ROVE: Yeah. In Cuyahoga County, Cleveland, that's — one out of every four voters lives in Cuyahoga County. Four hundred and five people through Friday registered and voted the same day, or they were people who changed their address and did not vote. They keep those two numbers together.
So 405 — that's out of 1,090,000 people.
WALLACE: And we can see the same in Hamilton and Franklin.
ROVE: In Hamilton and Franklin.
WALLACE: But your point is that all this talk about same day registration and voting...
ROVE: It didn't prove out. At least — they've got one more day, but I don't — you know, look. There are — four one-hundredths of 1 percent of the voters in Cuyahoga County showed up and availed themselves of the opportunity for same day registration and voting in Cuyahoga County.
WALLACE: So the big Obama "get out the vote" on the campus of Ohio State University...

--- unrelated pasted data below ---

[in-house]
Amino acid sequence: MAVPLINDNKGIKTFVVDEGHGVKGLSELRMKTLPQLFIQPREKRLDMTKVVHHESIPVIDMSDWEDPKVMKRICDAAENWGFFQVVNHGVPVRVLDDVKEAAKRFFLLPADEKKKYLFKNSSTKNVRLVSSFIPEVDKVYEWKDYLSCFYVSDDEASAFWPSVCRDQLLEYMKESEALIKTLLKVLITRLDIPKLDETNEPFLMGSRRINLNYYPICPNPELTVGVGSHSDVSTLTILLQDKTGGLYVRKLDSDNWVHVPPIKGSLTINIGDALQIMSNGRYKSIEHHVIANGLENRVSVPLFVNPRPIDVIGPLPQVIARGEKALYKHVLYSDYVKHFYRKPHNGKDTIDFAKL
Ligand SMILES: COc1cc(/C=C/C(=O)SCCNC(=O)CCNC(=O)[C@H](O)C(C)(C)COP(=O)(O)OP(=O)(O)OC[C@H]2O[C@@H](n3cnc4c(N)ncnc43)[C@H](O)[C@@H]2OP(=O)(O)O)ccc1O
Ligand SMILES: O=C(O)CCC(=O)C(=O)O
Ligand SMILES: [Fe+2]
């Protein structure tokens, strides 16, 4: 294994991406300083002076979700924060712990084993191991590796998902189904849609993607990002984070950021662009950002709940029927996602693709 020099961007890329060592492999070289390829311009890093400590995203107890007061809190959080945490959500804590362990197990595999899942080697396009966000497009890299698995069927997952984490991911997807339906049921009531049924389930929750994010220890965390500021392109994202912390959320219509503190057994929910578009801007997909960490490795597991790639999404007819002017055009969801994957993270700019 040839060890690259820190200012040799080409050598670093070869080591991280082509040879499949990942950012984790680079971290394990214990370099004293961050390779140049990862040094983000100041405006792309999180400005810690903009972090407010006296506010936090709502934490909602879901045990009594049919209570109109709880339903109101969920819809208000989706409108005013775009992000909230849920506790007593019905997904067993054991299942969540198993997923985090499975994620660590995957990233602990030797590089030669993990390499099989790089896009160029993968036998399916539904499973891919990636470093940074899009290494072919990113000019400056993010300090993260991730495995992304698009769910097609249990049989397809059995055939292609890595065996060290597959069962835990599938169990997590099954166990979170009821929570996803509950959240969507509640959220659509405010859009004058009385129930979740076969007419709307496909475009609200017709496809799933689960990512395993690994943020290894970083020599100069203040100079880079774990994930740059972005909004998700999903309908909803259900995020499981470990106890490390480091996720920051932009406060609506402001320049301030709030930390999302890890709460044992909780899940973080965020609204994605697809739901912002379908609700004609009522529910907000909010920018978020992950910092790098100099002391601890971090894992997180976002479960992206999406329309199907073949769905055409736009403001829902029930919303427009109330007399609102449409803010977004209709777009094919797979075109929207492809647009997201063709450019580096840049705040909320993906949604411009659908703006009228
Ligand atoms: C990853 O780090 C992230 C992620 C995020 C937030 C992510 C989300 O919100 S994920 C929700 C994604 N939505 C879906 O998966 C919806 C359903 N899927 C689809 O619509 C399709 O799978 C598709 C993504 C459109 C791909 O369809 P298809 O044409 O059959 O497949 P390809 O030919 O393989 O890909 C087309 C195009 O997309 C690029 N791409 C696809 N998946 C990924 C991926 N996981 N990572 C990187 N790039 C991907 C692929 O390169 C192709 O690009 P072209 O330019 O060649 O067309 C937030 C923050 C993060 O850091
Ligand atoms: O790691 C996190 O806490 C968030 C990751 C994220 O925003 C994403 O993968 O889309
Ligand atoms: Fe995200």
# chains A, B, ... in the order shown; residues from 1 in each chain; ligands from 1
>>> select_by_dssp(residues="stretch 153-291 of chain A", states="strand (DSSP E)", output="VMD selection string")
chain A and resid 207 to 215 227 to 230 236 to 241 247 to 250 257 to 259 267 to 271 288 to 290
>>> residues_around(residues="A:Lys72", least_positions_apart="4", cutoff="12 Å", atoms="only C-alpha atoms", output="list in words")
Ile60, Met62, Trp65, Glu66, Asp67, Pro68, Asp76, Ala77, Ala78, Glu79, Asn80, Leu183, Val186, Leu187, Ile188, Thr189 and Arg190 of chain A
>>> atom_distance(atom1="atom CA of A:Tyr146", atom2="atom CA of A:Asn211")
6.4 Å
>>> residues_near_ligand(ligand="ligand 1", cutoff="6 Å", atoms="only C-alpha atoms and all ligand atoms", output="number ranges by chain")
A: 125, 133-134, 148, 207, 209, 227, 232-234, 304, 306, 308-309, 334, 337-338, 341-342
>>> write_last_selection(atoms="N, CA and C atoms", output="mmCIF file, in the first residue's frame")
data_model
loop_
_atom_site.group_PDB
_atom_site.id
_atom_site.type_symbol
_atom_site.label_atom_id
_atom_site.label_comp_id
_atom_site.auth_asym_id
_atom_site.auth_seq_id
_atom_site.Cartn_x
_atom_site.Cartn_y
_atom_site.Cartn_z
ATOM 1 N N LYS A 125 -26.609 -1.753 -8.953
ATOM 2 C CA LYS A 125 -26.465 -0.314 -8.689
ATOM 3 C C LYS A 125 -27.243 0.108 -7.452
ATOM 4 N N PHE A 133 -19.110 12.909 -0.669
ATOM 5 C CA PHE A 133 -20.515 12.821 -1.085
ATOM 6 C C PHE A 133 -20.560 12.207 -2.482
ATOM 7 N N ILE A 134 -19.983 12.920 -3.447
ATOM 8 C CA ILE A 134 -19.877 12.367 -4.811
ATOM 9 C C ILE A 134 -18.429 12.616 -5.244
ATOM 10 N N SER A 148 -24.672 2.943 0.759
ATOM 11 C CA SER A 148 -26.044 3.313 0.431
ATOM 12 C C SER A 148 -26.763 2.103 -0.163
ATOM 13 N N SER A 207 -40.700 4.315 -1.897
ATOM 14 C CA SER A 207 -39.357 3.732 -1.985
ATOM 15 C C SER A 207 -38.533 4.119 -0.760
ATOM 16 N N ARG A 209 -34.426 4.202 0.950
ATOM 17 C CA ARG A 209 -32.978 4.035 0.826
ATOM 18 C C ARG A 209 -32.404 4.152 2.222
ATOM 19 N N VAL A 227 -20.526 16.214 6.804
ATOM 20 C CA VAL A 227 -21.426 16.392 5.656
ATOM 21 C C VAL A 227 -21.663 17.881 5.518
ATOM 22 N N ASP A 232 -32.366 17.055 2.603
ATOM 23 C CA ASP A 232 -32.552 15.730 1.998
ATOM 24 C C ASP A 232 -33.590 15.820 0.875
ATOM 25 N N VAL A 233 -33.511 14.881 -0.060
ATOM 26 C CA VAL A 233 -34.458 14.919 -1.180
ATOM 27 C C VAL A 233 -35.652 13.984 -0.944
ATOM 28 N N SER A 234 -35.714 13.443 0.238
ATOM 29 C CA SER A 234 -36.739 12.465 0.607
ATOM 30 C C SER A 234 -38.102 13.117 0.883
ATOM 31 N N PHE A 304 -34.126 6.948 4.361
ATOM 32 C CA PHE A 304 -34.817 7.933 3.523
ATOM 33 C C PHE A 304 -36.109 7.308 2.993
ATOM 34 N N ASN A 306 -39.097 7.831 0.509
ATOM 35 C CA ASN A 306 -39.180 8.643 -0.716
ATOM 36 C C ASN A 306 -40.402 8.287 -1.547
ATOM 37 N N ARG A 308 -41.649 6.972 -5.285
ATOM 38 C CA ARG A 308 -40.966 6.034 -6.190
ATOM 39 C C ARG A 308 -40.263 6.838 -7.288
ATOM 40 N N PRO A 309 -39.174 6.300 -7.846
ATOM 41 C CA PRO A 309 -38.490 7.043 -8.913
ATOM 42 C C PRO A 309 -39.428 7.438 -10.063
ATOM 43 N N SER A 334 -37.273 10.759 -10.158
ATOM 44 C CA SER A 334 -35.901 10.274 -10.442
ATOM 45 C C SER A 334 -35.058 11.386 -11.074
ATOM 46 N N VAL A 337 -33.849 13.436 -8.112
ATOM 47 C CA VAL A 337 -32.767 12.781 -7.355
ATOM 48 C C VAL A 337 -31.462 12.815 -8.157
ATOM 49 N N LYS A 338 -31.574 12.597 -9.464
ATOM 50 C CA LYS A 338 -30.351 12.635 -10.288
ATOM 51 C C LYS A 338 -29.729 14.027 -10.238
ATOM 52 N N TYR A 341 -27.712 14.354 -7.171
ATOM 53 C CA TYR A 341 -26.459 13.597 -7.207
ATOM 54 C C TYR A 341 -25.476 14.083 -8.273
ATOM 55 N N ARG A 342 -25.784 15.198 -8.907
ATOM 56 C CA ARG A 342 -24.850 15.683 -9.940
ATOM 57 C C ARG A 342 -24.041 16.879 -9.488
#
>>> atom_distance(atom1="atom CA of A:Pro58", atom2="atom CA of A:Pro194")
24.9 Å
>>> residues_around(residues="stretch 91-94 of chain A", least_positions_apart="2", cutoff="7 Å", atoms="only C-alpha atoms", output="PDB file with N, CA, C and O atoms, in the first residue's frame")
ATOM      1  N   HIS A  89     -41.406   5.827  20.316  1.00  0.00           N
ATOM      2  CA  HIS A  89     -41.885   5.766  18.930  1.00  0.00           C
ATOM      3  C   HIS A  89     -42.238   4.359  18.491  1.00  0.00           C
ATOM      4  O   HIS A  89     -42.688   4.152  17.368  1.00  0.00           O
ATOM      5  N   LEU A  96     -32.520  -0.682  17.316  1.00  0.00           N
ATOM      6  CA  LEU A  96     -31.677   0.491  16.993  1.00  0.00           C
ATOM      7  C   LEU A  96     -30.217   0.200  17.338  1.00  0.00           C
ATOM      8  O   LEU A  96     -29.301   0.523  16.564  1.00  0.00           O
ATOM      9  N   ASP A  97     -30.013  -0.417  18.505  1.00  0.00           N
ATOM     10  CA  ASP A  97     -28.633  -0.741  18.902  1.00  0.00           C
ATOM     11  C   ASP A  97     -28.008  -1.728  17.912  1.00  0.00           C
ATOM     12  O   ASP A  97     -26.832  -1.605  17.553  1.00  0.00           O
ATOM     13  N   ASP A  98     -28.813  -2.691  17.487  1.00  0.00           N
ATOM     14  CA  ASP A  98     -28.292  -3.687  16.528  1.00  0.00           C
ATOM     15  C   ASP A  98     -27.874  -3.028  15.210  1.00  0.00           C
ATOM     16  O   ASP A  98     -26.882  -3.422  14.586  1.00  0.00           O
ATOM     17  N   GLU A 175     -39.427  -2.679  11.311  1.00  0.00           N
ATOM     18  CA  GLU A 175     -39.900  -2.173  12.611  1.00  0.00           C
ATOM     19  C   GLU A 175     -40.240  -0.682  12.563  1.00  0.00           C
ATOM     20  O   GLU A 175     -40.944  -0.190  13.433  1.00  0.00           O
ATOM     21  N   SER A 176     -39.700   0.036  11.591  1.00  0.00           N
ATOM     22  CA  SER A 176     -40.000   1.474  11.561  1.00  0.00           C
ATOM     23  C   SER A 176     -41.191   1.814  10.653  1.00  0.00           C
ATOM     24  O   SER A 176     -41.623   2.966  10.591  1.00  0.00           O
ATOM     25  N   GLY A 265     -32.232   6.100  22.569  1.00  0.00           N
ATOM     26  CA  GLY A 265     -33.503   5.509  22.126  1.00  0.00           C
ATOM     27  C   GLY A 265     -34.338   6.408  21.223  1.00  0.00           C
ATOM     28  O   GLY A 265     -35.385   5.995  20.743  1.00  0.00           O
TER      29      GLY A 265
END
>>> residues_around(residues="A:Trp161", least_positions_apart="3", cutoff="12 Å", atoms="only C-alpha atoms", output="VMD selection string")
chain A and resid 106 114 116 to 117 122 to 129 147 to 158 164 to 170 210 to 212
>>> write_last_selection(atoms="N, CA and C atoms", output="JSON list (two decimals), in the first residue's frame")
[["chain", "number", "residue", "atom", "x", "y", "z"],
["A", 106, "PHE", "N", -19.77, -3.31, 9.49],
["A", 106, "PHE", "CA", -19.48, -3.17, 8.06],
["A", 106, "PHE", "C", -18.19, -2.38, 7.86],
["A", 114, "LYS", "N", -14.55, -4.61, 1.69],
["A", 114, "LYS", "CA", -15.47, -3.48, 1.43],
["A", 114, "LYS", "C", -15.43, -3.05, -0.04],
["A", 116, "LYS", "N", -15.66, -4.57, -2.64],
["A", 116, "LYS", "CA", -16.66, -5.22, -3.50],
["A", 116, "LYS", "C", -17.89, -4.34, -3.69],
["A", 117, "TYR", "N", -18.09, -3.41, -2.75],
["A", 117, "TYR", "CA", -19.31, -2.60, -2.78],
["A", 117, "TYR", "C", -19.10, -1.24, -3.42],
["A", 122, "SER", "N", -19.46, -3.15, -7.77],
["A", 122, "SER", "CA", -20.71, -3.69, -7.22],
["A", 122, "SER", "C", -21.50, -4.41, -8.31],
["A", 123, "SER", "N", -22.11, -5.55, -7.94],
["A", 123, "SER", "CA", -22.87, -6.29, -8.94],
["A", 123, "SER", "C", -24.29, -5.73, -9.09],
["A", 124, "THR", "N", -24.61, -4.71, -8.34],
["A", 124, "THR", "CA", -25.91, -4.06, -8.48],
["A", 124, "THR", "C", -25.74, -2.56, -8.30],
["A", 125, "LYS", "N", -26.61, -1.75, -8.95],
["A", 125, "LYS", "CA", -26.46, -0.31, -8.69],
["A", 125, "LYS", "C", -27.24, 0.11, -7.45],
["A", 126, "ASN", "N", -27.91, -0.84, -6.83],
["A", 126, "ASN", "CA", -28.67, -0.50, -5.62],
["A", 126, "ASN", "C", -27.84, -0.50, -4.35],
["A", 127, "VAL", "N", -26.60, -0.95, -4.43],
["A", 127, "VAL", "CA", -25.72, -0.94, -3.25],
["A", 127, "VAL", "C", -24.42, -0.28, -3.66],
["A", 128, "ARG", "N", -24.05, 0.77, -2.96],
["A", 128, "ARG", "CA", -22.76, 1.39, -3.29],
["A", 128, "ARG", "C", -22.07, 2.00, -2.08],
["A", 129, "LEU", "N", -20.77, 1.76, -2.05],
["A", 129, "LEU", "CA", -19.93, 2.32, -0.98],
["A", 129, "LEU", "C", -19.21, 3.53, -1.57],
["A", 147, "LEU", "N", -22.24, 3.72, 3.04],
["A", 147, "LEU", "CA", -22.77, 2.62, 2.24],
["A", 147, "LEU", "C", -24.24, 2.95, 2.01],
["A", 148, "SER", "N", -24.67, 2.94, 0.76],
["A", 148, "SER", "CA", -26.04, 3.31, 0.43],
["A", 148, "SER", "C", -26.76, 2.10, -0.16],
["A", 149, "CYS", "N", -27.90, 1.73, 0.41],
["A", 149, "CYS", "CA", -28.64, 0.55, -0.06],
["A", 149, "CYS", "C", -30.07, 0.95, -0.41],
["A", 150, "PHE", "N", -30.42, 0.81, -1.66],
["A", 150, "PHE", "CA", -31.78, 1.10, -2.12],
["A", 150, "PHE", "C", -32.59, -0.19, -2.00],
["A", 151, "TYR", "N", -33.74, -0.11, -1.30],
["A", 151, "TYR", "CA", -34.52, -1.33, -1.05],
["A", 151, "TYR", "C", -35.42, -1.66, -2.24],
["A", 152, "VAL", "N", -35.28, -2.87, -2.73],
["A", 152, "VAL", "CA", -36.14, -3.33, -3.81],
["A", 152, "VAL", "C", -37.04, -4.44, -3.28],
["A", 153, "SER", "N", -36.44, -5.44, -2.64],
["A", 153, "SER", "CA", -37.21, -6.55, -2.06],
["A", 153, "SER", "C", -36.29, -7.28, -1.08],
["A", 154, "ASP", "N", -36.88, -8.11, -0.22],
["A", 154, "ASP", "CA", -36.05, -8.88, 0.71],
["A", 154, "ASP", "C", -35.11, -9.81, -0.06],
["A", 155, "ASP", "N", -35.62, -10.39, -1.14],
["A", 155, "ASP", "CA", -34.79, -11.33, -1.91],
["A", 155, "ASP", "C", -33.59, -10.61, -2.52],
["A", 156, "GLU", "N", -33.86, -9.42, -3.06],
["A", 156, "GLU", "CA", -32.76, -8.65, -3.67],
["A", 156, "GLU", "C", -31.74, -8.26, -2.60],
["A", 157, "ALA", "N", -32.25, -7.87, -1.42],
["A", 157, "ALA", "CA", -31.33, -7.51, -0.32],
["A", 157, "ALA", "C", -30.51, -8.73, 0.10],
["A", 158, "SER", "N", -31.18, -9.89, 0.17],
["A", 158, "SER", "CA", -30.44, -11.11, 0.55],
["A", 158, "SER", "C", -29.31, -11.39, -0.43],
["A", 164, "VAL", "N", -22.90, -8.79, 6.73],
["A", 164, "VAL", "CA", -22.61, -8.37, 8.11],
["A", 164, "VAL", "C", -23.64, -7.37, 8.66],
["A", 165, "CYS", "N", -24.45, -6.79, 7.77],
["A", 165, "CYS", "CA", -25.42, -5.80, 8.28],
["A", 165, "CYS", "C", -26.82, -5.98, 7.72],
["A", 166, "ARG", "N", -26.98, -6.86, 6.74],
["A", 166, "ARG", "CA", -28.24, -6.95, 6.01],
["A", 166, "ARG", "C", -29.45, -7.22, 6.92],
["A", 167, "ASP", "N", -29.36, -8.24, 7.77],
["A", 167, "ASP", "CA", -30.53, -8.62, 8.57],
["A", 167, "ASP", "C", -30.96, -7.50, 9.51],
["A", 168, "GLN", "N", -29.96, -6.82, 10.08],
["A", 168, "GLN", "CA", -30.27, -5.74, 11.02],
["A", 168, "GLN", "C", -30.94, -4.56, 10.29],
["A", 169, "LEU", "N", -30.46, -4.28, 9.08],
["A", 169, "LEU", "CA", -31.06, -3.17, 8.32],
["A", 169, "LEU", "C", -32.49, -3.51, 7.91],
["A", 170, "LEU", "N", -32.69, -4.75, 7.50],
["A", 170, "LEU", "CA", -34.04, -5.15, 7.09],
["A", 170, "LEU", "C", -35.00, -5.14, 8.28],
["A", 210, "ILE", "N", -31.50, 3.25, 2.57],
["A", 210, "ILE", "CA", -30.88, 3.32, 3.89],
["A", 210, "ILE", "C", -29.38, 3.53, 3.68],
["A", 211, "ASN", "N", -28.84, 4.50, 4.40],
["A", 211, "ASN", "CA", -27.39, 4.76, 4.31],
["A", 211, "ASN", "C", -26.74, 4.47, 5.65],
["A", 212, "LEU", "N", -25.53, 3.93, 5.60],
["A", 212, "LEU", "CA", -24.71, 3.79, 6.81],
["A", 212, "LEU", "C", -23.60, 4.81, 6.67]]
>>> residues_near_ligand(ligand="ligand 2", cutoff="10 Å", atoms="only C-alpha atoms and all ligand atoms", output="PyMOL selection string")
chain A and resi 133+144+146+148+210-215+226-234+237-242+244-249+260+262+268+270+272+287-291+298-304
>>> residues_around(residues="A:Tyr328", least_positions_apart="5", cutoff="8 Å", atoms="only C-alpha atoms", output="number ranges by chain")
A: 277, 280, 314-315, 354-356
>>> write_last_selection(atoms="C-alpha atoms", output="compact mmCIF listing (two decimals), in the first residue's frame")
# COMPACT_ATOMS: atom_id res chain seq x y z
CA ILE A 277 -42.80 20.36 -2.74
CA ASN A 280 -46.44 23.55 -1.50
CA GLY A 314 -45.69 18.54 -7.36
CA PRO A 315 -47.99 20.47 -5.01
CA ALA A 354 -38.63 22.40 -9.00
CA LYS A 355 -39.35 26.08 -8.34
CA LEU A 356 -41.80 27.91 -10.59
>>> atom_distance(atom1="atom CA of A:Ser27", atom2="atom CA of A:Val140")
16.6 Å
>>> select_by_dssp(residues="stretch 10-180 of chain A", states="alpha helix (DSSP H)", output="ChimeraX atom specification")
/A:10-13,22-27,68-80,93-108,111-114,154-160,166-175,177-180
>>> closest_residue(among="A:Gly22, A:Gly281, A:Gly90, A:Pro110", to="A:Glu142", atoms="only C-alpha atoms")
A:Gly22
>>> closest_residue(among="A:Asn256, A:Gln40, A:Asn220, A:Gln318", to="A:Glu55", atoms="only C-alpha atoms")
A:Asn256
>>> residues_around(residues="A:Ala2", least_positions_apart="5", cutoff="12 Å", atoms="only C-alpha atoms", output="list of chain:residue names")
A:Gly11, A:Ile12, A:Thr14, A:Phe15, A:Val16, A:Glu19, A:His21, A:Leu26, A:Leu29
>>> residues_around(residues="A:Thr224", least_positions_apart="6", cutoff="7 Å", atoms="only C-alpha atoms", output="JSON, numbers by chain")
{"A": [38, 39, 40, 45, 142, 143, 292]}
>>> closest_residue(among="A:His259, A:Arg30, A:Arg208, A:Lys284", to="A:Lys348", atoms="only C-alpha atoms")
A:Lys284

ROVE: Ohio State University in Franklin — we had — well, it increased. It was five one-hundredths of 1 percent. So I mean, look.
WALLACE: Well, if it's a close election...
ROVE: If I were the Obama campaign, I'd be worried about it. They had a big hoopla about all those buses and being able to turn out lots of people and bank a lot of early votes.
They may have just simply taken people who voted — who would have otherwise voted on Election Day. They didn't add a lot of new registrants to the roll.
WALLACE: Karl, thank you for coming in today. We'll have you back in a couple of weeks for another status report.
ROVE: Great. Thanks.